comma before concessive conjunction: is it necessary?


Senior Member
Standard Japanese, Sendaian Japanese
I was looking through a grammar book published here, and noticed a comma was used more often than not as below for conjunctions introducing a subordinate clause. Is it more common than before to use a comma before concessive conjunctions, meaning 'but' --- though, even though, while, although, whereas etc.? Is it getting more common? I've seen 'although' used like so quite often, and in fact, I myself sometimes use it that way just like 'but' regarding it as 'but.' But I don't think I usually see other concessive conjunctions used with a comma before it.

I was late for work, though I got up early.
I must have missed your call, even though I didn't leave the house all day.
Bill is good-natured, while Joe is the very opposite.
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  • 1. Ted is fat but Bob is thin.
    2. Ted is fat, but Bob is thin.
    1. makes the two statements equally important: these are two facts. The pause suggested by the comma in 2. seems to add a rhetorical twist, which may include a suggestion that either the part before the comma or the part after is "concessive".
    I may be naive but I always see a comma as a short pause provided as an aid to reading in the way that the writer intended to speak. This, at least, would explain the comma's appearance/non-appearance before concessive conjunctions.
    Thanks. I've always thought coordinate concessive conjunctions such as 'but' take a comma or not, depending on whether the author or speaker intends to pause or not, and subordinate concessive conjunctions such as 'while' do not take a comma before them, except for 'although.'... Do they also take it? It may be that they do and the tendency is getting more pronounced today when you regard it as synonymous as but???
    My first thoughts (without any research) are that people are becoming increasingly desirous of inflecting their written work with pauses, emphasise, ellipses, and interrogatives so as to imitate their speech patterns. I don't see much wrong with this trend, except when used excessively. (Oh, a concessive comma!)

    I think your suggestion of a comma = but, which replaces the following preposition, is not unreasonable as a guide.
    I think your suggestion of a comma = but, which replaces the following preposition, is not unreasonable as a guide.
    Thanks, Paul. 'which replaces the following preposition'? You mean conjunction? What I meant was more like comma + subordinate concessive conjunction = comma + but.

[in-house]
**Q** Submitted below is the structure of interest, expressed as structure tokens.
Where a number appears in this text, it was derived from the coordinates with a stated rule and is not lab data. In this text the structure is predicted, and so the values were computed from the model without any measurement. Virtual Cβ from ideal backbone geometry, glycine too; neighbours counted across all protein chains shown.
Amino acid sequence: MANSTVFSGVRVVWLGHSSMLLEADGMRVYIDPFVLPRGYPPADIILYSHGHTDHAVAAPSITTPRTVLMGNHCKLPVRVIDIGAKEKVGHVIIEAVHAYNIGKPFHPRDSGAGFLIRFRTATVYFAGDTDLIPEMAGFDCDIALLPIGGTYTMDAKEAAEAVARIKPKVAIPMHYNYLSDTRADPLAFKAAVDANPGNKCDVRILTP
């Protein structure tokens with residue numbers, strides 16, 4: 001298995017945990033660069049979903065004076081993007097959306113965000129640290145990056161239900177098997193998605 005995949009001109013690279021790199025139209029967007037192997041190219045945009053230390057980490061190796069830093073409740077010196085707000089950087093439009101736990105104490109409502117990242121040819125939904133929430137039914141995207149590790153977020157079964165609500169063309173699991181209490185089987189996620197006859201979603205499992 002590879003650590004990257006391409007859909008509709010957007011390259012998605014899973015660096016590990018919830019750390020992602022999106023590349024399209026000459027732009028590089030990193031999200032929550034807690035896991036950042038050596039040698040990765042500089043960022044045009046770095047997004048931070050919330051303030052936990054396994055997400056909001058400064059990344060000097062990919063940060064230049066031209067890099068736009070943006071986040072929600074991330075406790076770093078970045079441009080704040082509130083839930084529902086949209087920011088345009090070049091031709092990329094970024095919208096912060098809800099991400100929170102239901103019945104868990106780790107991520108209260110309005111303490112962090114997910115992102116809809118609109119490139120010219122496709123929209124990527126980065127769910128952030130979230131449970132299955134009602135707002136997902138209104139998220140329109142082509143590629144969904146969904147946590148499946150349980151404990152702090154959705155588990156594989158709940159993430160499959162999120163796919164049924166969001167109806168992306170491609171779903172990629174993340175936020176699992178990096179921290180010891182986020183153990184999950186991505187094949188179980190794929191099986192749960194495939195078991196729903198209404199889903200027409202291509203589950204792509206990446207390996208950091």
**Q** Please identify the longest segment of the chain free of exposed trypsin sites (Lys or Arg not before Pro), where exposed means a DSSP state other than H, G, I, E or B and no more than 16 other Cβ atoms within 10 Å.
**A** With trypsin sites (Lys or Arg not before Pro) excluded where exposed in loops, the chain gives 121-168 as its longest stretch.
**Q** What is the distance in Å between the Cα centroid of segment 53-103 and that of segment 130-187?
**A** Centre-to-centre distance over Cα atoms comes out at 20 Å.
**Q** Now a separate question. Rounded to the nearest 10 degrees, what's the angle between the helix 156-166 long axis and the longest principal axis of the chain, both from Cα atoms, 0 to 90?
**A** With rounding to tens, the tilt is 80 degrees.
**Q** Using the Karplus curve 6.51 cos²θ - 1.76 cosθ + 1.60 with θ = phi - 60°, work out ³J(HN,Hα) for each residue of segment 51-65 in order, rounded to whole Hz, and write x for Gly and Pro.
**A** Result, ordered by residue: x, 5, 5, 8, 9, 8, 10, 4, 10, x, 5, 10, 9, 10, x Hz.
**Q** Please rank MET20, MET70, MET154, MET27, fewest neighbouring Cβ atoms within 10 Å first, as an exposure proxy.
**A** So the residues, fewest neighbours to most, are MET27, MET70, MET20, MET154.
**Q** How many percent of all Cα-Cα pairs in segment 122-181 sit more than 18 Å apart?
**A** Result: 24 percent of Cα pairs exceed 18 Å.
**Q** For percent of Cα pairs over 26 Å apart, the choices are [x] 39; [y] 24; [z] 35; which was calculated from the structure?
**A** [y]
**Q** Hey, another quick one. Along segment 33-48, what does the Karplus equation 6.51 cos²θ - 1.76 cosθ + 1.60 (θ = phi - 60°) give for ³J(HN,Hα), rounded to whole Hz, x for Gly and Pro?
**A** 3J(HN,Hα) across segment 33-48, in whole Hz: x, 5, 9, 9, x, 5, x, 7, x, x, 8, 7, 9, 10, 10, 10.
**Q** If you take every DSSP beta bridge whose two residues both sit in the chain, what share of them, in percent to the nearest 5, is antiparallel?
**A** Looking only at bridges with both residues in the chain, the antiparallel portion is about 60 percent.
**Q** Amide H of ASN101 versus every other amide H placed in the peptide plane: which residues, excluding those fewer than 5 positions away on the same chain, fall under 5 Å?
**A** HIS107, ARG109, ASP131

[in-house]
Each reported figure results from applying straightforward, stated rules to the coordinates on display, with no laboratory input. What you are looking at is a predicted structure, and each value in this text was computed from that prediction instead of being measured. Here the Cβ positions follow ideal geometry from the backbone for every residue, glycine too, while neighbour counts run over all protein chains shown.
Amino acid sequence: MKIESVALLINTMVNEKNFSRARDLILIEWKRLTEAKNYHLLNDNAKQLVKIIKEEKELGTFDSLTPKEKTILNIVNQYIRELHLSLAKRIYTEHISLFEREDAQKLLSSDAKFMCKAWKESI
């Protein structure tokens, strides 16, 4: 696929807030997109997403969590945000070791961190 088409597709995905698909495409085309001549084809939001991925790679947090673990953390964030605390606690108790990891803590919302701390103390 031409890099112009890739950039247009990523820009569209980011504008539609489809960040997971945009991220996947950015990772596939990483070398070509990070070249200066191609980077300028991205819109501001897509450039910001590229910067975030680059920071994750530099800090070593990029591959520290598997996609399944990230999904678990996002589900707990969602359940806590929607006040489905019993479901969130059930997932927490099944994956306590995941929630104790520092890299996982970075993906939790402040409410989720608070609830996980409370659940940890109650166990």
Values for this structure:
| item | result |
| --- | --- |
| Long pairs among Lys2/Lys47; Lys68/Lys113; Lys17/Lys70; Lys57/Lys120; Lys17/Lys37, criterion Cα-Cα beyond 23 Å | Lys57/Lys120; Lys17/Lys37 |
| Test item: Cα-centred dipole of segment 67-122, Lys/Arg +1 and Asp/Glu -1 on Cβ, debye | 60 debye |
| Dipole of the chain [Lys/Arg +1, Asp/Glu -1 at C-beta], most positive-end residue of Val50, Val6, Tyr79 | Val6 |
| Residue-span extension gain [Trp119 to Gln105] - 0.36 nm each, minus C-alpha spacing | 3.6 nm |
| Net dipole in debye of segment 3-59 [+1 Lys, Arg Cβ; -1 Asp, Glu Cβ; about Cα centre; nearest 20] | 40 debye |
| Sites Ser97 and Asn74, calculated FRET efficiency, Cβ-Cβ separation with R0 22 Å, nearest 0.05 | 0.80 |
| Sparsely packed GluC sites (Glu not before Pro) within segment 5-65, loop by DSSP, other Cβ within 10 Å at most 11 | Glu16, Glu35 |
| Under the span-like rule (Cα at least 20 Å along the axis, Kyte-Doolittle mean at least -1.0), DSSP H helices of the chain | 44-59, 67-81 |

I just have to chime in to say that the common prescriptive rule for comma usage is that when an independent clause is connected to an dependent clause that is introduced by a subordinating conjunction a comma is not used to separate the two clauses. HSS, according to that rule, the original sentences you provided would not have commas in them. However, when two independent clauses are connected using a coordinating conjunction like "but", then a comma is used to separate the two clauses. This is my understanding of the commonly used prescriptive rules for using commas in these instances.

    PaulQ, I think what you mentioned above in #5 is related to describing how people use commas and why they do that, is that right? You weren't specifically getting at what the "prescriptive rules" of comma usage are, right? I think that's a good point, people use the tools of language, including commas, to create meaning and express ideas.

    Just to let you know, I hate commas! After years of writing they still trip me up!
    I think there are various "prescriptions"out there for the use of commas and consequently quite a bit of variation on these themes. Just look at the issue of the "Oxford" comma (a.k.a the "Harvard" comma) and check out a typical legal document that seems to take joy in eschewing the use of commas in the (vain, in my opinion) hope of reducing ambiguity paying the price in frequent impenetrability of meaning! Often, it seems that this issue is covered in "style" guides rather than the stronger documents in the punctuation pharmacop(o)eia. All I can say is that I don't sympathize with comma extremists :D
    "I have spent most of the day putting in a comma and the rest of the day taking it out." — Oscar Wilde.

    Yes, I am addressing the common use of the comma and find it hard to support prescriptive rules above clarity of meaning, on the occasions where the two might conflict. se16teddy (#2 above) commented on an example with and without the comma and the nuance that the comma gave.

    As a teaching aid, your advice is precise and excellent and should be followed. Once released from the classroom, I think the rule is proximity to the spoken word, as intended by the writer.